All of this, mind you, is not to brush off the huge contributions that Keaton’s co-stars made to the film. Although the Union officers remain nameless baddies, they often do as much physical stunt work at Keaton himself. And Marion Mack, as Johnny’s love interest, is stellar. She seems quite comfortable doing comedy – there’s a great scene where she polishes and pats her brother’s army medals in order to attack her boyfriend subtly. Later, she does as much jumping and falling and getting drenched in water as Keaton himself would. Everybody is game, everybody believed in the project, everybody contributed to what is, ultimately, a masterpiece. The General isn’t necessarily my favorite of Keaton’s work (that would be The Cameraman), but it is Keaton’s most iconic. It’s a marvelous film, easily accessible and even easier to appreciate. It’s an all-around fantastic movie.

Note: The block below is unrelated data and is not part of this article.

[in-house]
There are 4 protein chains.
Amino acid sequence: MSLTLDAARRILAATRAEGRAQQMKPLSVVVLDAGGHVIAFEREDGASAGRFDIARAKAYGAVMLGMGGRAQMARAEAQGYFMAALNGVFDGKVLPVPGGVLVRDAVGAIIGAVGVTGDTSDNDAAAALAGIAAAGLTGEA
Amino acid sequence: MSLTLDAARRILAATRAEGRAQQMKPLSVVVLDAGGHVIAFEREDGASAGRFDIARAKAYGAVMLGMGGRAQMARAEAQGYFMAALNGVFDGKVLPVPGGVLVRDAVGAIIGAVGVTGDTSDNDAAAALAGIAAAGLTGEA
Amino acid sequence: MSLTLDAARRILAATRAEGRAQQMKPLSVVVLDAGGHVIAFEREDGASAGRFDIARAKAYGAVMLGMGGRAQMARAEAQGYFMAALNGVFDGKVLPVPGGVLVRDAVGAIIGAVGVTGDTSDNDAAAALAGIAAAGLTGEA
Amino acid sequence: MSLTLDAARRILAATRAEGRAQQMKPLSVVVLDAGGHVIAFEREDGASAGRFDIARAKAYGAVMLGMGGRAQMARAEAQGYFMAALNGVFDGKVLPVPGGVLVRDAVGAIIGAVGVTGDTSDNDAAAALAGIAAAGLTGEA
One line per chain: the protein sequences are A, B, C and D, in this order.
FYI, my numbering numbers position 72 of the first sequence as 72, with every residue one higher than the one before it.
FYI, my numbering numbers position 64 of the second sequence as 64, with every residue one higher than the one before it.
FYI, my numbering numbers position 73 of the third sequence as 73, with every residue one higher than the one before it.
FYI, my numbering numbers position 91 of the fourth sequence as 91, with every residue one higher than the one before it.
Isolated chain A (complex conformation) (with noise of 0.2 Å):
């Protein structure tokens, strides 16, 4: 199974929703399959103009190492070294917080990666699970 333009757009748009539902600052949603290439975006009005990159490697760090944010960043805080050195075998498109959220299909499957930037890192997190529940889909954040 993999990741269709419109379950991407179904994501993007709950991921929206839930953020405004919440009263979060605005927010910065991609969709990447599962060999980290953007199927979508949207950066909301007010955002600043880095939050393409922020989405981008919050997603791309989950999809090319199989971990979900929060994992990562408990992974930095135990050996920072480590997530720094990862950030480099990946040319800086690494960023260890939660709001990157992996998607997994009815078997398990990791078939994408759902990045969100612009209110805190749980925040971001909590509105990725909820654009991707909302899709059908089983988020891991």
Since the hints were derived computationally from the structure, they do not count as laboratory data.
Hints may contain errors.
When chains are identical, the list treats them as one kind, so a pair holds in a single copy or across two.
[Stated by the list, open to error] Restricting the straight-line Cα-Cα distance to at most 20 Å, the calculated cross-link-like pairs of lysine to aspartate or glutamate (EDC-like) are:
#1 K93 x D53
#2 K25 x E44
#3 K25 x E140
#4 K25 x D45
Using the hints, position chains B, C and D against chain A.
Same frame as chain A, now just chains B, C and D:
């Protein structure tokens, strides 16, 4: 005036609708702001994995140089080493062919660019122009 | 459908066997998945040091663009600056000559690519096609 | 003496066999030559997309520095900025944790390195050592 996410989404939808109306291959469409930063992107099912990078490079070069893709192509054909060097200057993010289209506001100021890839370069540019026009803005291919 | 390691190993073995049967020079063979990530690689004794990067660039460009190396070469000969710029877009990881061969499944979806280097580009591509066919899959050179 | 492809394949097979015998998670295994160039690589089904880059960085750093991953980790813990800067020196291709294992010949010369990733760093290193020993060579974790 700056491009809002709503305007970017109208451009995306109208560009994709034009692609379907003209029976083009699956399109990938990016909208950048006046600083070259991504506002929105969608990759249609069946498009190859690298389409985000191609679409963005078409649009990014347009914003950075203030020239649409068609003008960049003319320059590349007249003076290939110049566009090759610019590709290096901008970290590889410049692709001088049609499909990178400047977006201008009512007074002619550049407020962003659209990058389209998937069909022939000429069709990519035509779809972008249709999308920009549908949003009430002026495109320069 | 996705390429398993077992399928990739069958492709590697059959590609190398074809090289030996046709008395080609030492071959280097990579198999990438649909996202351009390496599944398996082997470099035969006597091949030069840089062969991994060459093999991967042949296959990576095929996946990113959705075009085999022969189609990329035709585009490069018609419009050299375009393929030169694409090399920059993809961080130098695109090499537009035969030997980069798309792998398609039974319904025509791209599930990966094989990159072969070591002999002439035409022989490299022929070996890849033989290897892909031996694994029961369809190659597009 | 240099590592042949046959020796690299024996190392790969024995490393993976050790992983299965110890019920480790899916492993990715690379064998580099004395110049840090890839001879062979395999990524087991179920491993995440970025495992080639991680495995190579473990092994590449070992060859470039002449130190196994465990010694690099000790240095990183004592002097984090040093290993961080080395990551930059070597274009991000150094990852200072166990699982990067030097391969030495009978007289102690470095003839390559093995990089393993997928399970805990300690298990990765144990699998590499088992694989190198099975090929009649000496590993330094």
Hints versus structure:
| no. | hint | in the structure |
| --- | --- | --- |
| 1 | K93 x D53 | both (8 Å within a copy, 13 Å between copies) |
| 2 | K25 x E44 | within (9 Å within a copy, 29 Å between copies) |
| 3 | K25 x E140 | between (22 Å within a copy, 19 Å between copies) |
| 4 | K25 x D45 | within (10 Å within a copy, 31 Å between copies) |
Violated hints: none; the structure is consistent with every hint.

Or, as Orson Welles has said: “The General is the greatest comedy ever made, the greatest Civil War film ever made, and perhaps the greatest film ever made.”